Once the diagnoses were made, the University’s COVID-19 Student Affairs Response Team activated protocols that outline student care while also protecting the health of the campus community.
Margaret McMillan, who spearheaded the development of the Marine Survival Training Center at UL Lafayette, will be honored Saturday for her work in offshore water safety.
McMillan, a 1940 graduate of Southwestern Louisiana Institute (now the University of Louisiana at Lafayette), has been inducted into the Offshore Energy Center’s Hall of Fame as a Technology Pioneer. She is the first woman to receive the company’s Hall of Fame honor. Past inductees have included oil field firefighter “Red” Adair and Herman and George Brown, founders of engineering giant Brown & Root.
McMillan and six other oil industry professionals will be honored during an Oct. 2 gala at the Westin Galleria Hotel in Houston.
McMillan, founder and president of the Lafayette-based McMillan Offshore Survival Technology firm, has been involved in aquatics as a competitor, teacher and trainer for nearly six decades. She is a former physical education professor at SLI and also served as assistant dean of women. Internationally recognized as an expert in the field of sea survival technology, McMillan has served as a consultant to all branches of the U.S. armed forces, the British Royal Navy and the Russian government.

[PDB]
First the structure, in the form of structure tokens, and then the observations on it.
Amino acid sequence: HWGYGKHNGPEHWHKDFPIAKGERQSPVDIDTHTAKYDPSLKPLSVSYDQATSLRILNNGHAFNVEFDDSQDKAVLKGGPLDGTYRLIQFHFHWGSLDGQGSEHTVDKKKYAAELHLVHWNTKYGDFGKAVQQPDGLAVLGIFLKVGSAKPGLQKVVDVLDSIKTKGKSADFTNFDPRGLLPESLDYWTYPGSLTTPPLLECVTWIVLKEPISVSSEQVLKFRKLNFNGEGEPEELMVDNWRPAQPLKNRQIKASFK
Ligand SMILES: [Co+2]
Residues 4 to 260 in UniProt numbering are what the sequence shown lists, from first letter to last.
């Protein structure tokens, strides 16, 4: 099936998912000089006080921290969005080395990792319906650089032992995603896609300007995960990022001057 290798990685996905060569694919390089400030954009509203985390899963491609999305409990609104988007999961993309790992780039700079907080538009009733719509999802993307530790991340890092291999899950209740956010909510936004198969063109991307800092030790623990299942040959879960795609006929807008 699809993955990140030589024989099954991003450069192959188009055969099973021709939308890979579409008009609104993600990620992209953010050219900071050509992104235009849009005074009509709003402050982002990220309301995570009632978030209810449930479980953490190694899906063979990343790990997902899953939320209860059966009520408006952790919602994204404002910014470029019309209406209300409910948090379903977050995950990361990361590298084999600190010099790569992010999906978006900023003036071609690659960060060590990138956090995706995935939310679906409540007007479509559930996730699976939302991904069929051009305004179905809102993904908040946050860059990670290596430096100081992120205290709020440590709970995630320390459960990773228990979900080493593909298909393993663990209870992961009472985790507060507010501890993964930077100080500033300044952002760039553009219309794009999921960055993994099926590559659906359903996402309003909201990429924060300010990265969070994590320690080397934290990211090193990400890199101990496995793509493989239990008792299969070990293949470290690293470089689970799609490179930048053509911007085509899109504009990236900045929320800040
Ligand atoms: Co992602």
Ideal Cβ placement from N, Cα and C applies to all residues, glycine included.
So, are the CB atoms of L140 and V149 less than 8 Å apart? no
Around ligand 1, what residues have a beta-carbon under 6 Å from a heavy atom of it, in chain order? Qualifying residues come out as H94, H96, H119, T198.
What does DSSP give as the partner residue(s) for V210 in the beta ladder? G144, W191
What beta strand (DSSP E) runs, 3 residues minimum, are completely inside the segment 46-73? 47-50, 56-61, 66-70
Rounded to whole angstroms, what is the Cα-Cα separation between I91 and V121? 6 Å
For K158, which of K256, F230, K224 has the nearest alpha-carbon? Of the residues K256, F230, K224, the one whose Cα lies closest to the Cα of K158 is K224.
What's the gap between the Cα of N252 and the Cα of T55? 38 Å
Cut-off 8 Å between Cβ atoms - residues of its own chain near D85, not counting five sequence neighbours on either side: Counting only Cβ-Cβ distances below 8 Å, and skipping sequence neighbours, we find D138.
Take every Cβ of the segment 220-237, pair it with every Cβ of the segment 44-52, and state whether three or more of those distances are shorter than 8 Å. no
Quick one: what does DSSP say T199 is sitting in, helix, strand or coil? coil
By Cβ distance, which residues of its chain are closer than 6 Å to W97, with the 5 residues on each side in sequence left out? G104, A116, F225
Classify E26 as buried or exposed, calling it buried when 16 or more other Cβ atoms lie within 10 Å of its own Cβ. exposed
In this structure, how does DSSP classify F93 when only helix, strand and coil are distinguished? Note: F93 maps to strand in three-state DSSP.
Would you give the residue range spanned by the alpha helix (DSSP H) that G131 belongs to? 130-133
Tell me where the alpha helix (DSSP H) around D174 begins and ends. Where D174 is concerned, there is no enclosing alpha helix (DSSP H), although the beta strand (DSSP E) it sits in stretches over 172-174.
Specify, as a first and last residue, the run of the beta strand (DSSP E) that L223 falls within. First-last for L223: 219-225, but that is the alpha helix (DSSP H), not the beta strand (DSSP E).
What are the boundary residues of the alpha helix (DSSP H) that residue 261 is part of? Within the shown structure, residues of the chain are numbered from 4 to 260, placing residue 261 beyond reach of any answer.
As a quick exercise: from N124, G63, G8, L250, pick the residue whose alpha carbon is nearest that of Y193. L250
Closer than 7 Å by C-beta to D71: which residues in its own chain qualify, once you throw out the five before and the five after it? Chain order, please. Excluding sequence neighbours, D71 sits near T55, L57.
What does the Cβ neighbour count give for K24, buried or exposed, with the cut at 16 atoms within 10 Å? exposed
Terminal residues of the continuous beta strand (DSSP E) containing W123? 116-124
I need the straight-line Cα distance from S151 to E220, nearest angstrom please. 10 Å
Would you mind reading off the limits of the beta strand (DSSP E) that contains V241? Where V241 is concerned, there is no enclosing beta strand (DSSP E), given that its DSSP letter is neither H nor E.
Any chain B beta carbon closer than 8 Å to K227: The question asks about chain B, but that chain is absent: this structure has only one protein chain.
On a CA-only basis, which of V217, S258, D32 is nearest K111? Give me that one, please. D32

In 1988, McMillian was instrumental in the creation of the Marine Survival Training Center at UL Lafayette. In the past 15 years, the center has trained nearly 20,000 offshore workers in water safety and survival techniques. It is the only center of its kind in the United States.
Her past awards include the U.S. Coast Guard’s Distinguished Service Award; the Distinguished Leadership and Service Award, the Gulf Coast Safety and Training Group’s highest honor; and the U.S. Marine Safety Association’s first Safety Award.
The Houston-based Offshore Energy Center is a nonprofit organization that aims to expand public awareness of the offshore oil industry. It also chronicles the culture of petroleum-producing areas.